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This sketch was made on one of the large loose sheets of French paper that Turner evidently bought in Paris to take with him to Savoy and Switzerland in 1802. It is rather different in handling than the other drawings in this group, being entirely in pencil and showing distinctive hooked, cursive marks. Identified by Finberg as ‘probably near Sallenches’ the subject seems to the entrance to the Isère Valley, from somewhere near La Frette on the way to Grenoble; compare, for example, the coloured drawing from the St Gothard and Mont Blanc sketchbook (Tate D04618; Turner Bequest LXXV 26) showing a similar panorama from the old Lyons road.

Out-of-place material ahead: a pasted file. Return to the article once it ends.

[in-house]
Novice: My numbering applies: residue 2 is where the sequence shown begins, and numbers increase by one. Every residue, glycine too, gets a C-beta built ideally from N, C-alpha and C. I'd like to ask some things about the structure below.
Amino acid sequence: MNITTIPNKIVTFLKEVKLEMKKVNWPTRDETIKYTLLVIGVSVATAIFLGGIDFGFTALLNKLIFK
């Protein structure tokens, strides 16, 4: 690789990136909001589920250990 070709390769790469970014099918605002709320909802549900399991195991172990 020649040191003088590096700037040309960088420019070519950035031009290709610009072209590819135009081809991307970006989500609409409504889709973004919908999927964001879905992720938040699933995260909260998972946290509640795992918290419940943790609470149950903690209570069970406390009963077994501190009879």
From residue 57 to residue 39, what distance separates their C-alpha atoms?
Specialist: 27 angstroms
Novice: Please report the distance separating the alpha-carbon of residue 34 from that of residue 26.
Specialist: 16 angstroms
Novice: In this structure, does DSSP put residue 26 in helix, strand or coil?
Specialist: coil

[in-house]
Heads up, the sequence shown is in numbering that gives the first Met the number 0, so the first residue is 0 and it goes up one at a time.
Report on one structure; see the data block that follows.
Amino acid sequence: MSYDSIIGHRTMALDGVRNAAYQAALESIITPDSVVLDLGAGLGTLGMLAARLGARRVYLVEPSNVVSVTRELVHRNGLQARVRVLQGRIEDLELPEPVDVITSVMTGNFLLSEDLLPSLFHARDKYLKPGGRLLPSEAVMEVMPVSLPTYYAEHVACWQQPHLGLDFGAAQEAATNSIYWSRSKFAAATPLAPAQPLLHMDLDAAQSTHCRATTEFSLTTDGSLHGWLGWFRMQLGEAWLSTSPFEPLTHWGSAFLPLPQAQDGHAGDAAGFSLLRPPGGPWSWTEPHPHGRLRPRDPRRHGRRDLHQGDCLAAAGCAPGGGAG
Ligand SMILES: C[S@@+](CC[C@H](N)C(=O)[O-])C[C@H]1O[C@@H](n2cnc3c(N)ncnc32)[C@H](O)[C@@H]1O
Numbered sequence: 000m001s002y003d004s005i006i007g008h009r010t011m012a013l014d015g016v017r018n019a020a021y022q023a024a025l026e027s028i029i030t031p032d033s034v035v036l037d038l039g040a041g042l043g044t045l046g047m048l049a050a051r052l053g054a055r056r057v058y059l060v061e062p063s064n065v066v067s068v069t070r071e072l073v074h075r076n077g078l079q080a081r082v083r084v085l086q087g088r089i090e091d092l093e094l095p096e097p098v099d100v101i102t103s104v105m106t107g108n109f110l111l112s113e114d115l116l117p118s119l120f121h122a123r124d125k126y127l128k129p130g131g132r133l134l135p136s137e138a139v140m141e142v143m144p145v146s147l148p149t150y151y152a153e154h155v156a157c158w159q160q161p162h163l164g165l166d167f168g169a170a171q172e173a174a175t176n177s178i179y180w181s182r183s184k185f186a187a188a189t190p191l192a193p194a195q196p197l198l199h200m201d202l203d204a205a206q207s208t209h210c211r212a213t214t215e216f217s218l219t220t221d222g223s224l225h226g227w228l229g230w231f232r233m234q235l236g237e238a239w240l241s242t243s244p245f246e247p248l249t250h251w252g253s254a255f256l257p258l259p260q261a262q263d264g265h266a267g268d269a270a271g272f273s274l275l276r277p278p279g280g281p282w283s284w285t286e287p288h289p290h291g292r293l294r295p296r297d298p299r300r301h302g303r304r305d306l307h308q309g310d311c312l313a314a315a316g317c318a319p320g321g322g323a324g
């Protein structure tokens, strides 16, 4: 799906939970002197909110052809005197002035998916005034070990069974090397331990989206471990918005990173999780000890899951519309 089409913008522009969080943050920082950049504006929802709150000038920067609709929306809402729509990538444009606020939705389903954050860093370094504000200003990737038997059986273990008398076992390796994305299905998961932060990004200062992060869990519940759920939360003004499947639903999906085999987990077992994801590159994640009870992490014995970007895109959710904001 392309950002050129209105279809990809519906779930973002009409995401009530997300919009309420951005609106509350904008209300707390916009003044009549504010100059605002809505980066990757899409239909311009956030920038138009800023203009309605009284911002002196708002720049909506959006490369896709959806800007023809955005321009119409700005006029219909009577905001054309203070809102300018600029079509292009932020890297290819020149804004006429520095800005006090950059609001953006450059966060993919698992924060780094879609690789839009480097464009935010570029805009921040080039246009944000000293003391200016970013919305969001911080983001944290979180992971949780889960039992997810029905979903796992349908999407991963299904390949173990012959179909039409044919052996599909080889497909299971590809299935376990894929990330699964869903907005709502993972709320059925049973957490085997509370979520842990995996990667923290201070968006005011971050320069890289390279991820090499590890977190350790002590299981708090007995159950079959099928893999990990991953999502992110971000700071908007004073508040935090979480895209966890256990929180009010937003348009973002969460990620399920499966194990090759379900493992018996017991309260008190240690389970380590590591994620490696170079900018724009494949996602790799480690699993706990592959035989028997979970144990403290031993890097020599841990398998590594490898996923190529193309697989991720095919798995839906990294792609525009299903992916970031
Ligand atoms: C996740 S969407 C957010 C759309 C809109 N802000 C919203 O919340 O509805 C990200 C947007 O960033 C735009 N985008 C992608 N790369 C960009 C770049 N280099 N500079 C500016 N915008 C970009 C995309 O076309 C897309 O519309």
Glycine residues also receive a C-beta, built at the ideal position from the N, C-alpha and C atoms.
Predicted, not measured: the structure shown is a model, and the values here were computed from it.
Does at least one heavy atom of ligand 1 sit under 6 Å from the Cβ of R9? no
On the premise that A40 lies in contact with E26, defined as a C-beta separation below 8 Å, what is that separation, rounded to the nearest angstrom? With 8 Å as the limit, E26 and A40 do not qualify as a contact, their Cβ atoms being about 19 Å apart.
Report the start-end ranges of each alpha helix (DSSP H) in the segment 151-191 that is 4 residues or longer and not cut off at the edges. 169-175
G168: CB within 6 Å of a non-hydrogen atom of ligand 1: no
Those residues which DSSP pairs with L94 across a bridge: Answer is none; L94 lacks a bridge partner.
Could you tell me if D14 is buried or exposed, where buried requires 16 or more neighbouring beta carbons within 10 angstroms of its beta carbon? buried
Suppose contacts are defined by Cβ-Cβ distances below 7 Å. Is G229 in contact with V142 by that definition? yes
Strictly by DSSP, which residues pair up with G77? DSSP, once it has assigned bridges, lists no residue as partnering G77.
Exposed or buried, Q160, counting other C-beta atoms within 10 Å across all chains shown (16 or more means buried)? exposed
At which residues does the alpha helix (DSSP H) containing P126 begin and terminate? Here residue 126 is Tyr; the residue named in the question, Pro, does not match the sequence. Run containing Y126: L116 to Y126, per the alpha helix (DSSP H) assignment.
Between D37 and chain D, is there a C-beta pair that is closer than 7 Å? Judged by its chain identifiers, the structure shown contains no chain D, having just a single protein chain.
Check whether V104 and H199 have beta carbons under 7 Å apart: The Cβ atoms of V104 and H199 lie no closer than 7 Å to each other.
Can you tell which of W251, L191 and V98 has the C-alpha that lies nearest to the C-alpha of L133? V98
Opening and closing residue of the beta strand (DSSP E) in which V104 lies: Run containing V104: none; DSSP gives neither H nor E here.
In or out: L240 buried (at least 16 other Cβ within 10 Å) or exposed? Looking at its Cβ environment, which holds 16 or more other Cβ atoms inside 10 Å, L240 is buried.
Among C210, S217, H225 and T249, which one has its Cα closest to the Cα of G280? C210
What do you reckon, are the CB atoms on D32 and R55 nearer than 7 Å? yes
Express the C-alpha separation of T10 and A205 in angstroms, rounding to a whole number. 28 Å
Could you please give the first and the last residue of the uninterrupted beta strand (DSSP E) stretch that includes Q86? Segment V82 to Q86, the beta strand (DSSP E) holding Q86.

As well as large sheets of grey-washed English paper (see notes to See D04875 in this group), Turner had with him in 1802 rather smaller sheets of self-coloured buff laid French paper, presumably acquired in Paris as most are from the same maker, Jean-Louis Delagarde of the Papeteries du Marais, Seine et Marne, as identified by Peter Bower. These papers are similar to those in the France, Savoy, Piedmont and Grenoble sketchbooks (Tate Turner Bequest LXXIII, LXXIV).1
Bower 1990, p.88.